In general, OMB Circular A-133 requires a State government, local government, or non-profit organization (including institutions of higher education) that expends $500,000 or more per year under Federal grants , cooperative agreements, and/or procurement contracts to have an annual audit by a public accountant or a Federal, State, or local government audit organization.
Foreign and Commercial (for-profit) organizations are subject to audit provisions contained in 45 CFR 74.26 (d) and the NIH Grants Policy Statement
NIH GPS, use 45 CFR Part 74.26 As stated above for your grantee type 45 CFR Part 74 or Part 92 Foreign FAR 31.2 (48 CFR) For-Profits 45 CFR Part 74, App E Hospitals A-122 Non-Profits A-21 A-110 (45 CFR Part 74) Colleges & Universities A-133 ________________ 45 CFR Part 74.26 A-87 A-102 (45 CFR Part 92) State & Local Governments Audit Requirements Cost Principles Admin Requirements Grantee Type Summary of Applicable Regulations
Grant Award Basics **************** NOTICE OF GRANT AWARD******************* CENTER GRANT Issue Date:06/24/2004 Department of Health and Human Services National Institutes Of Health
Funds usually are not restricted in the Payment Management System
Restricted funds must be tracked by grantee to ensure compliance
EXAMPLE of Award Restriction: No funds may be expended for human embryonic stem cell research until the registered cell line(s) has been reported to the NIH awarding agency program official and grants management contacts noted below.
Who is Responsible for Post-Award Financial Management?
A cost may be considered reasonable if the nature of the goods or services acquired reflect the action that a prudent person would have taken under the circumstances prevailing at the time the decision to incur the cost was made.
Dr. Grant needed a specialized microscope for his research supported by an NIH grant from the National Cancer Institute. When deciding on the model that would best suit his needs, he received several price quotes on various models that were all within the same general price range. However, one microscope in particular appealed to him – it met all of the necessary specifications plus many additional features. Although it was about $3,500 more than the others, he ordered it.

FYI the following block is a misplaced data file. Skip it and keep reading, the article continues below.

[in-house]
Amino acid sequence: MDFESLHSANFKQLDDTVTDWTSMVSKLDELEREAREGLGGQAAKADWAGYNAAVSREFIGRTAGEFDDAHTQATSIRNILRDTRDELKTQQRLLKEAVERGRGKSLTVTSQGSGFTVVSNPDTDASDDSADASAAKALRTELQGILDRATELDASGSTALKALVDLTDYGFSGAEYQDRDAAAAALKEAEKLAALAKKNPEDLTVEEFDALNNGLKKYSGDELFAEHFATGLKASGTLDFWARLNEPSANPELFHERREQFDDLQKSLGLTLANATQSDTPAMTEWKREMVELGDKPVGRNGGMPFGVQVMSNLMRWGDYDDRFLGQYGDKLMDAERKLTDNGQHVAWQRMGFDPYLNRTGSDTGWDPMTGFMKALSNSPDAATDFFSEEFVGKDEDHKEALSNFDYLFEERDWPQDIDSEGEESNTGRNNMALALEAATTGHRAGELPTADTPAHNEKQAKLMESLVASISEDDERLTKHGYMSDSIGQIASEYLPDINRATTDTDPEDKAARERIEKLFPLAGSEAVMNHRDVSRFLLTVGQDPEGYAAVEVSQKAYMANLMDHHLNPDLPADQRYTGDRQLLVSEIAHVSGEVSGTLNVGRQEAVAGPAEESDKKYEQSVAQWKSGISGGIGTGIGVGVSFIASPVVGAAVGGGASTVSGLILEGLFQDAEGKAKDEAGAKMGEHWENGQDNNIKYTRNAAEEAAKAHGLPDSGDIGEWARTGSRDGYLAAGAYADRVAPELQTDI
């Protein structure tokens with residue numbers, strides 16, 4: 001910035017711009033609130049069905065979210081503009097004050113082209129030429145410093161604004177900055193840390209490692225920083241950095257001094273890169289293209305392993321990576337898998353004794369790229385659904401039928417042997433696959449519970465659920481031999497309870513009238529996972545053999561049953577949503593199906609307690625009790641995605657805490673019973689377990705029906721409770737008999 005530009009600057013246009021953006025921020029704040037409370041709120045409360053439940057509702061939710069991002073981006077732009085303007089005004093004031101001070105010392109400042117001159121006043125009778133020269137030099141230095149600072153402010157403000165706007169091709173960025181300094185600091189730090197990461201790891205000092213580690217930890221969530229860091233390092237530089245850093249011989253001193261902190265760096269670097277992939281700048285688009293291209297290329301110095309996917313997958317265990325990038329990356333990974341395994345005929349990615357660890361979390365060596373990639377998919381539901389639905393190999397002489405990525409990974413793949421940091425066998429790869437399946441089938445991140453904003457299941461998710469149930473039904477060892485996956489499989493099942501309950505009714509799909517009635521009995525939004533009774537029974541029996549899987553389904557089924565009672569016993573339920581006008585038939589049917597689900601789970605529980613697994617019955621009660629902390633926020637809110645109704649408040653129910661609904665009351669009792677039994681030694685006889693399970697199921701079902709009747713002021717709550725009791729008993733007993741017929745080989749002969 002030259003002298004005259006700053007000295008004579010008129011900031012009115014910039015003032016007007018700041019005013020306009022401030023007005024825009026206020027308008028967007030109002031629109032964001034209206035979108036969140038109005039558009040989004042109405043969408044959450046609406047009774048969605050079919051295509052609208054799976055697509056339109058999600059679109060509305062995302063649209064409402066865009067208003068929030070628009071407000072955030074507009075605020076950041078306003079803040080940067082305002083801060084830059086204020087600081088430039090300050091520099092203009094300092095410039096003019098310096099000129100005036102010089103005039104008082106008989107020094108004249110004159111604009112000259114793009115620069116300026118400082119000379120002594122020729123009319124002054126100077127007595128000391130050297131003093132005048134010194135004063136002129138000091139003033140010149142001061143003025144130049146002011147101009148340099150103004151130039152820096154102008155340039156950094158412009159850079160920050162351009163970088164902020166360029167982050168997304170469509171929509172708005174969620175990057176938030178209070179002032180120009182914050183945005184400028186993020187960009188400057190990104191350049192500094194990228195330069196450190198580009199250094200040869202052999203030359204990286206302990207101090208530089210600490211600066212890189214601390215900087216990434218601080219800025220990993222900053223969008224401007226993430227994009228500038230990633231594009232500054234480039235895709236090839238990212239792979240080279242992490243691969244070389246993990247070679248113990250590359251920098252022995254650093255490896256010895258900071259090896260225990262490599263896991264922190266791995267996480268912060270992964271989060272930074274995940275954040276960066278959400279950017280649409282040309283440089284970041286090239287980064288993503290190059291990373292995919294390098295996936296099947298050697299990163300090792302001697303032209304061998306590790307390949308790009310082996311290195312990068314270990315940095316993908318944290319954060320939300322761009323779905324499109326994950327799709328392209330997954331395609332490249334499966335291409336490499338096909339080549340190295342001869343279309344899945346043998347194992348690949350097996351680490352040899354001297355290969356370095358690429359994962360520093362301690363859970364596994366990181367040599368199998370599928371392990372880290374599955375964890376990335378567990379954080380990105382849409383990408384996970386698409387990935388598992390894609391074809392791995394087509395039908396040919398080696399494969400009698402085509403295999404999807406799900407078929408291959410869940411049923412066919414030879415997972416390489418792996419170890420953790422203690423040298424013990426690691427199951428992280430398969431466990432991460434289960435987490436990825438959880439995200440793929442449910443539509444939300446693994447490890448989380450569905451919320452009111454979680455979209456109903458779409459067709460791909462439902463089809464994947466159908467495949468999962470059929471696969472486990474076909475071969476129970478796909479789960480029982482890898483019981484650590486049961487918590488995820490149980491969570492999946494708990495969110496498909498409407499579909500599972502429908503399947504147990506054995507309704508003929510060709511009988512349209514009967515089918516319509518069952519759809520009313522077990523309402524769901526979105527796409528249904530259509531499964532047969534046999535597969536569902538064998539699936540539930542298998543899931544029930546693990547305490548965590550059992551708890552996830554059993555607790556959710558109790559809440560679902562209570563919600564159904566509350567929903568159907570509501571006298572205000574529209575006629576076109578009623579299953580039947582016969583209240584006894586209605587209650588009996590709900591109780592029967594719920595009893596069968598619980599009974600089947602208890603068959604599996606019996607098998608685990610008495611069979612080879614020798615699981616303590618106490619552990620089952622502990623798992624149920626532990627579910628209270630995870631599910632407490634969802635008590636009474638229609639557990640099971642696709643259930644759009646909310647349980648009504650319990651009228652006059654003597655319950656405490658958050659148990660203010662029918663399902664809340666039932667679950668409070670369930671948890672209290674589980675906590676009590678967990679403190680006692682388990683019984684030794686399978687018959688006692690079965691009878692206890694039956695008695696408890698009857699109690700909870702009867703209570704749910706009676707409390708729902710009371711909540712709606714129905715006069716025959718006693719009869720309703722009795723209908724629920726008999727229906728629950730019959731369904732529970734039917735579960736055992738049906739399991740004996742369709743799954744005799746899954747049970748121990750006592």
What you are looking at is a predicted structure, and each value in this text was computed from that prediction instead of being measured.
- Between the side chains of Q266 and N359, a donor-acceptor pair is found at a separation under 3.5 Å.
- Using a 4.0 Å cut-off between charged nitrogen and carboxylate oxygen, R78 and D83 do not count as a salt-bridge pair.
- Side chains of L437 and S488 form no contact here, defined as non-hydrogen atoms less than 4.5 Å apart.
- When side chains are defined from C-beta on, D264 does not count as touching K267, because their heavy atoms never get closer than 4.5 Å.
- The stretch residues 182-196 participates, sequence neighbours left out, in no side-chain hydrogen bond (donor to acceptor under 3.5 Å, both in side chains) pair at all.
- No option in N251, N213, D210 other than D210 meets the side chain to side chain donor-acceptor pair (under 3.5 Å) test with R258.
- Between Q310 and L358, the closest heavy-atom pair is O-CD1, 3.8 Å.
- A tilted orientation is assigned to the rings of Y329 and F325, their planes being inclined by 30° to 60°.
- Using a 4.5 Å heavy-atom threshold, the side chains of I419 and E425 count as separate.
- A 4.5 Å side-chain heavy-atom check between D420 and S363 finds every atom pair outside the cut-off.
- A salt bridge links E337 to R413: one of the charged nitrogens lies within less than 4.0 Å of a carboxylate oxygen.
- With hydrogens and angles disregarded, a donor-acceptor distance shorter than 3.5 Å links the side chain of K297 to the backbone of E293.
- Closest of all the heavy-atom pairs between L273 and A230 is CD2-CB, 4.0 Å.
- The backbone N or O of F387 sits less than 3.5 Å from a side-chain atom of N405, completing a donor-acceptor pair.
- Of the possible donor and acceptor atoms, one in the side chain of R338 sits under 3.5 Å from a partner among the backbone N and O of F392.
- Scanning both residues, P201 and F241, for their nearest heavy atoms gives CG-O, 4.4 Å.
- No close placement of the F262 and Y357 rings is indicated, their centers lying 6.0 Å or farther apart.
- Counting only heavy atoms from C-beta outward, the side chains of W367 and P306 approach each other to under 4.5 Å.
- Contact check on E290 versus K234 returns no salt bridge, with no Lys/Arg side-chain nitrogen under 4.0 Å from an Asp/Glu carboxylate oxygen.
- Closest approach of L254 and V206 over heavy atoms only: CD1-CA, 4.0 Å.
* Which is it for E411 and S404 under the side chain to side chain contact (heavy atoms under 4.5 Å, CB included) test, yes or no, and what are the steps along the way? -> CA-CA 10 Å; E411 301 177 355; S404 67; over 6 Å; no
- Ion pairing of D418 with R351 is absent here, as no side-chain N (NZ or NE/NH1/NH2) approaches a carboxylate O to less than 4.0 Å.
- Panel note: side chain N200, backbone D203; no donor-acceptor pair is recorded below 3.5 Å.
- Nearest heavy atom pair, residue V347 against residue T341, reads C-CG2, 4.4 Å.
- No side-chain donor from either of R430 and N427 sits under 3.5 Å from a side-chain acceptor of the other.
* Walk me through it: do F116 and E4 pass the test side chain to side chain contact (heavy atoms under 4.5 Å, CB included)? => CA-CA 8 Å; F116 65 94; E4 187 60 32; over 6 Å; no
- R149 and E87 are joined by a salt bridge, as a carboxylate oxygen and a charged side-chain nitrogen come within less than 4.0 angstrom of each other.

When Dr. Grant’s microscope finally arrived, he found that equipment funds for his National Cancer Institute grant were fully expended. Since the microscope was for use on an NIH grant, he decided to charge the cost to another one of his NIH grants that was funded by the National Eye Institute.
A cost is allowable if it is reasonable , allocable and conforms to the cost principles and the sponsored agreement AND is not prohibited by law or regulation
Conformance with limitations and exclusions as contained in the terms and conditions of award including the cost principles—varies by type of activity, type of recipient, and other characteristics of individual awards.
Dr. Grant decided to host a very important Departmental meeting at his home and serve beer and pizza hoping that everyone would attend. The purpose of the meeting was to discuss changes in NIH grants policy, which affected the work of the entire Department. Therefore, he decided to charge the cost of the beer and pizza to his grant, especially since he was providing the use of his home.
Grantees must be consistent in assigning costs to cost objectives. Although costs may be charged as either direct costs or F&A costs, depending on their identifiable benefit to a particular project or program, they must be treated consistently for all work of the organization under similar circumstances, regardless of the source of funding , so as to avoid duplicate charges.
Dr. Grant’s lab was running low on office supplies and postage stamps. Since he couldn’t wait any longer for his institution to provide the supplies, he purchased them and charged them to his NIH grant account.